Investment

European family offices aren’t doing enough to back venture locally

Innovation in Europe has a problem and there aren’t enough family offices to solve it, according to Yves Bonzon, chief investment officer at banking group Julius Baer.

“The vaccine controversy highlights the lack of coordination, the lack of industrial policy. It shows a lack of European interest and support for innovation.”

The influence of the new rich can be seen in our list of proactive family office seed investors in Europe

Family offices can step into the breach but this normally requires the involvement of principals, plus tax perks and subsidies for key sectors from governments.  

The German BioNTech vaccine was backed by a German family office run by Thomas and Andreas Strüngman and Hong Kong’s Jebsen Group family office. 

But Bonzon says BioNTech needed to travel to the US for capital. The Bill & Melinda Gates Foundation provided grants and US pharmaceutical giant Pfizer agreed a crucial joint venture, backed by a UK purchase of 30 million doses.

Intermediaries say 20% of European family offices will consider offering seed finance, known as micro-VC in the US. But they are cautious, and easily eclipsed by later-stage venture capital and corporate venture funds. Angel networks play a role but they are still a cottage industry.

According to Keith Johnston, chief executive of SFO Alliance: “Family offices are interested in direct VC deals but not so much seed capital which involves a lot of work to invest in a small amount of money. They are slow to trust and wouldn’t generally commit to a deal below $2 million.”

An adviser to a Nordic family office said: “Providing seed capital doesn’t rank highly for my client although more mature VC opportunities are fine”

The British Business Bank said: “Fewer UK companies with high growth aspirations attract early-stage equity funding at scale, compared to their American competitors.” 

US family offices tend to get excited by the thought of outsized returns from top decile seed returns. But European equivalents tend to fear frequent failure.

Consulting firm Mercer says family offices should invest through funds to reduce their risks. This means promoters end up relying on hit-and-miss family office recommendations from lawyers, investment bankers.

Family offices can back accelerator funds that brainstorm ways to achieve growth for a string of start-ups. The best-known accelerator is run by Y Combinator. Goldacre, a UK family office, is involved in this sector, along with other startups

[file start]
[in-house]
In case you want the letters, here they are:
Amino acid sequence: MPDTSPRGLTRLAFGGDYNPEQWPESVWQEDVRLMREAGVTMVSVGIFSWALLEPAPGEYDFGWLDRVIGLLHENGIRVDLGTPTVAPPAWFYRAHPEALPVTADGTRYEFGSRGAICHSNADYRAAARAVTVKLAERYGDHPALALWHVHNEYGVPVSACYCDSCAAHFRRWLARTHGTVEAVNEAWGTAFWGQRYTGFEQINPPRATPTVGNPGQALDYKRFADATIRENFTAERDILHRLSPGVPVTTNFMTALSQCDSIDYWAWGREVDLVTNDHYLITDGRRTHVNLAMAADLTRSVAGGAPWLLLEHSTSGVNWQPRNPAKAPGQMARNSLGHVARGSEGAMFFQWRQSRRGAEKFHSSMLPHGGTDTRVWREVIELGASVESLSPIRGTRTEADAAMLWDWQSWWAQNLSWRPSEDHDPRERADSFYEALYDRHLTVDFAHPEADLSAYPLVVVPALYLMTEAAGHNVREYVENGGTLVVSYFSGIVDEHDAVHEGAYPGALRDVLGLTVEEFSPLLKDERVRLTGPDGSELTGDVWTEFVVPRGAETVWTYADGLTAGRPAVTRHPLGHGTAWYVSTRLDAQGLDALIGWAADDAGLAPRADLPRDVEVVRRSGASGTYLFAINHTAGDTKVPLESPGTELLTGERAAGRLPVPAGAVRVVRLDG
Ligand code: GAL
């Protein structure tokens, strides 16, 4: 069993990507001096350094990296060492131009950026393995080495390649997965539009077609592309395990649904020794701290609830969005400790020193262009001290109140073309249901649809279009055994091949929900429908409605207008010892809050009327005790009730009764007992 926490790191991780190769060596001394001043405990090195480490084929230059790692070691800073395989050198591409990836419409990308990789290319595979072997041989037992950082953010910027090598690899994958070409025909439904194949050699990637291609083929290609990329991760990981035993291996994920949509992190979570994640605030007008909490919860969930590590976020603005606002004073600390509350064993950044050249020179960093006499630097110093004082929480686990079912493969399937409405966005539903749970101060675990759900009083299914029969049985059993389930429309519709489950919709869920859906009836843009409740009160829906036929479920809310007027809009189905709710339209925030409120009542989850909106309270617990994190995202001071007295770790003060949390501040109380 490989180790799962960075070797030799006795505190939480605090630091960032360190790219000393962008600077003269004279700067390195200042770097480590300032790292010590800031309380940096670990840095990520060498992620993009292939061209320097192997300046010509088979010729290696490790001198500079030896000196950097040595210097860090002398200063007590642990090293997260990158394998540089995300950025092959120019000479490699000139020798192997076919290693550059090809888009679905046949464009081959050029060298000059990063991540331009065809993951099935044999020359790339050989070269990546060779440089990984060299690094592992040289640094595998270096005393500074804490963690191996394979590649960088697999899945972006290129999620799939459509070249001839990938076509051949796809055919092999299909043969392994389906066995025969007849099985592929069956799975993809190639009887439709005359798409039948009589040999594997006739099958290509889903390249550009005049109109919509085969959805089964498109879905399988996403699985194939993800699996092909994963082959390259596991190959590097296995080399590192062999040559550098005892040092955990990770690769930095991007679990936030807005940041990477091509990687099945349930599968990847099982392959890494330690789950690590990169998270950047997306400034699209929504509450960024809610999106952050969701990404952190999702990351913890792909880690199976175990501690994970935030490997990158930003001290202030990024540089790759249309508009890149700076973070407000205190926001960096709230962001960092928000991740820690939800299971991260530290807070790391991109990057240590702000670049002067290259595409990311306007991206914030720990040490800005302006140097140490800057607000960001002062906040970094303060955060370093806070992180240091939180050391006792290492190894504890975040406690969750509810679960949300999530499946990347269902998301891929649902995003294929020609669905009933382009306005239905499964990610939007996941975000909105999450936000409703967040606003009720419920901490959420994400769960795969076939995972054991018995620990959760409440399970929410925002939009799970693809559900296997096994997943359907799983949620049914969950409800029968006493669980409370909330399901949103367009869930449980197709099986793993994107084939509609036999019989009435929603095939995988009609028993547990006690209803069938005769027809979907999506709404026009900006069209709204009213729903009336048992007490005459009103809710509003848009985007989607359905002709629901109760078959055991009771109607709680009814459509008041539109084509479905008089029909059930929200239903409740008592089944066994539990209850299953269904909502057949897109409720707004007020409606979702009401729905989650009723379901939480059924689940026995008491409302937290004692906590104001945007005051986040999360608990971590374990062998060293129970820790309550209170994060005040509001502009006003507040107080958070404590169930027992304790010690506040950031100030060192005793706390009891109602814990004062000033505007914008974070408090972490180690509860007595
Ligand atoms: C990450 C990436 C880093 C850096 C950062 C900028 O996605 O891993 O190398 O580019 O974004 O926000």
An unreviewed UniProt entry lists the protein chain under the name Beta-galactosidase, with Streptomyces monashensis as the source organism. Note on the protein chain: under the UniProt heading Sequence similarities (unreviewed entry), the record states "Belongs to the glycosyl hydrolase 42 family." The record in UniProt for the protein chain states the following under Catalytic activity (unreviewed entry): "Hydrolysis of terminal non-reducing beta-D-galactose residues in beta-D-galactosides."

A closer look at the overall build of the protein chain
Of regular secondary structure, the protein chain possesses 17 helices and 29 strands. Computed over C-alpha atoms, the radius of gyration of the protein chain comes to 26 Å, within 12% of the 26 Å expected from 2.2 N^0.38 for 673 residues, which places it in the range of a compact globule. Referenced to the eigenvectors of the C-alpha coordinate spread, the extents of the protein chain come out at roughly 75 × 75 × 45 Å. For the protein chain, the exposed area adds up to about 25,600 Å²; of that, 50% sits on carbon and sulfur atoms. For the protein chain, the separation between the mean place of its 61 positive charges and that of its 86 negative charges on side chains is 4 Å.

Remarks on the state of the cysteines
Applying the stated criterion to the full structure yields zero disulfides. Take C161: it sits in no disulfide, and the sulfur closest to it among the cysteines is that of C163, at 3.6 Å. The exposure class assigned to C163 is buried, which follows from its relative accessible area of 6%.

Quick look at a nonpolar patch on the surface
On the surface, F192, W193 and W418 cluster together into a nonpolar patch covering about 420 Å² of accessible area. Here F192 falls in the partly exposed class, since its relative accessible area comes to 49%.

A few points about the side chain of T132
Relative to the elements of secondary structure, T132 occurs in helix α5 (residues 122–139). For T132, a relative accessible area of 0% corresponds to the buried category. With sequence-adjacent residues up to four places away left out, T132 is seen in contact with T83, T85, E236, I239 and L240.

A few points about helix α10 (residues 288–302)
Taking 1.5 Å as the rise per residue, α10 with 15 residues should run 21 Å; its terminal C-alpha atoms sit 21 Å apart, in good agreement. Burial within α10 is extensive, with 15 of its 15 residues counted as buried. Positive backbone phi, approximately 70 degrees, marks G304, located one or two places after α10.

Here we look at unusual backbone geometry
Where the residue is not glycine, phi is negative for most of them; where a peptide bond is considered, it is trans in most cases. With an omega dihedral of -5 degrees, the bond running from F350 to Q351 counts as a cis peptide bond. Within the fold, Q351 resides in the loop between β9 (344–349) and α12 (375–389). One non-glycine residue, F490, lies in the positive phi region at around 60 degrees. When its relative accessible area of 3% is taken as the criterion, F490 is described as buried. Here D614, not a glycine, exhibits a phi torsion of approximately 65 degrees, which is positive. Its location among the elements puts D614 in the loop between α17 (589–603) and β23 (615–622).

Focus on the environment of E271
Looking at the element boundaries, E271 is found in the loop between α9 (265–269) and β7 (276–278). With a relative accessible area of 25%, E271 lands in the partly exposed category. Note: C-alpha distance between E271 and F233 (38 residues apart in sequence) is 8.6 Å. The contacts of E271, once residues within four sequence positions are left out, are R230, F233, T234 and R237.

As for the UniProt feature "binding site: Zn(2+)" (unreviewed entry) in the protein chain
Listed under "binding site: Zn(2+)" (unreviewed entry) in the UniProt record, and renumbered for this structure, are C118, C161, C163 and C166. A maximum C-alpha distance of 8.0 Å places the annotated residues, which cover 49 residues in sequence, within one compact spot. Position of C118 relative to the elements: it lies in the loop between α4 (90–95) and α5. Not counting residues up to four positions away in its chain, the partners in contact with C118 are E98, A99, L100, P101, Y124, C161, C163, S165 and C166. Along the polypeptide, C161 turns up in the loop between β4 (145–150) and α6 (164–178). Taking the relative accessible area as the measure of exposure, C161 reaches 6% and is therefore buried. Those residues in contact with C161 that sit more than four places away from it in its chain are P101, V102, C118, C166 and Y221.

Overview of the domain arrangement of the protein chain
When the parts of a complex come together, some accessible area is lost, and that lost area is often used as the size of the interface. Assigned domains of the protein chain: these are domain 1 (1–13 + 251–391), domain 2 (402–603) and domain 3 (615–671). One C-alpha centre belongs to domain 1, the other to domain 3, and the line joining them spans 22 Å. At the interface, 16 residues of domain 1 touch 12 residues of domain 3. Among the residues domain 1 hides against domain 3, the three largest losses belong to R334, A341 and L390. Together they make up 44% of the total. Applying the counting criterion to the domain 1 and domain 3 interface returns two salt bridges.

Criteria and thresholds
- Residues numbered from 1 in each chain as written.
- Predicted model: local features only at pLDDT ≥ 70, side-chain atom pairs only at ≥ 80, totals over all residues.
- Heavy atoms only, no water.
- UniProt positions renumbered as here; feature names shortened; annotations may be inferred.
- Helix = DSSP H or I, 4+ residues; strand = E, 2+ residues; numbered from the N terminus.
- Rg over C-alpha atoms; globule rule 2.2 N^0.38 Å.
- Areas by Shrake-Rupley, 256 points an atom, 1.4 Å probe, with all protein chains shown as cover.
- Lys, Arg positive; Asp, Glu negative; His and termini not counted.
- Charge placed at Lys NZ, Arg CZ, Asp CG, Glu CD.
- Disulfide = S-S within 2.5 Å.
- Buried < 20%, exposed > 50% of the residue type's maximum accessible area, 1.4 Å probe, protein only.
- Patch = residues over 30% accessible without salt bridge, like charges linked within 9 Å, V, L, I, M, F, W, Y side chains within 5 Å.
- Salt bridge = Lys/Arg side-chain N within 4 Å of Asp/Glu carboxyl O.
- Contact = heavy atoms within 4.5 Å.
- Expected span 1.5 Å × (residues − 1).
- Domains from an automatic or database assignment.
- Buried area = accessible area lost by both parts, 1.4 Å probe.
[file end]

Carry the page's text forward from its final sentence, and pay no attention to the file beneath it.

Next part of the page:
But Goldacre is led by Leo Noe, a highly-proactive principal. People like him are less cautious than the majority of principals.  

Family Capital’s list of family offices prepared to get involved with early-stage finance most certainly exist, but they all need careful wooing.

US family offices more often want to recycle their capital into direct deals or co-investment.

According to a recent survey by Silicon Valley Bank, a staggering 87% of US family offices are interested in seed. One respondent said: “What we want to do is get in early and capture incredible growth.”

Early-stage funds in the US grew in size by 32% a year in the five years to 2016, against 14.7% in Europe, according to a report published by business school, INSEAD. 

Research by VC manager Atomico and Talis Capital has confirmed that a recycling of capital by entrepreneurs is finally starting to make an impact on the European VC market. 

Last year, Atomico said investors in an $820 million VC fund included executives at Adyen, Klarna, Tranferwise, Spotify, Skype, Supercell and Zoopla. 

Proactive principals are behind Souter Investments’ successful push into private equity and a large investment in farming by Sir James Dyson’s Weybourne. 

Elsewhere, seed and early-stage investing can appeal to the next generation of investors who seek returns for the greater good through ESG investment strategies.

Toniic is a federation of 400 family offices dedicated to impact investing. It said: “Such investments provide the clearest connection to our intention of contributing to solutions to the big world problems.  And they provide capital to those who have traditionally lacked access.”

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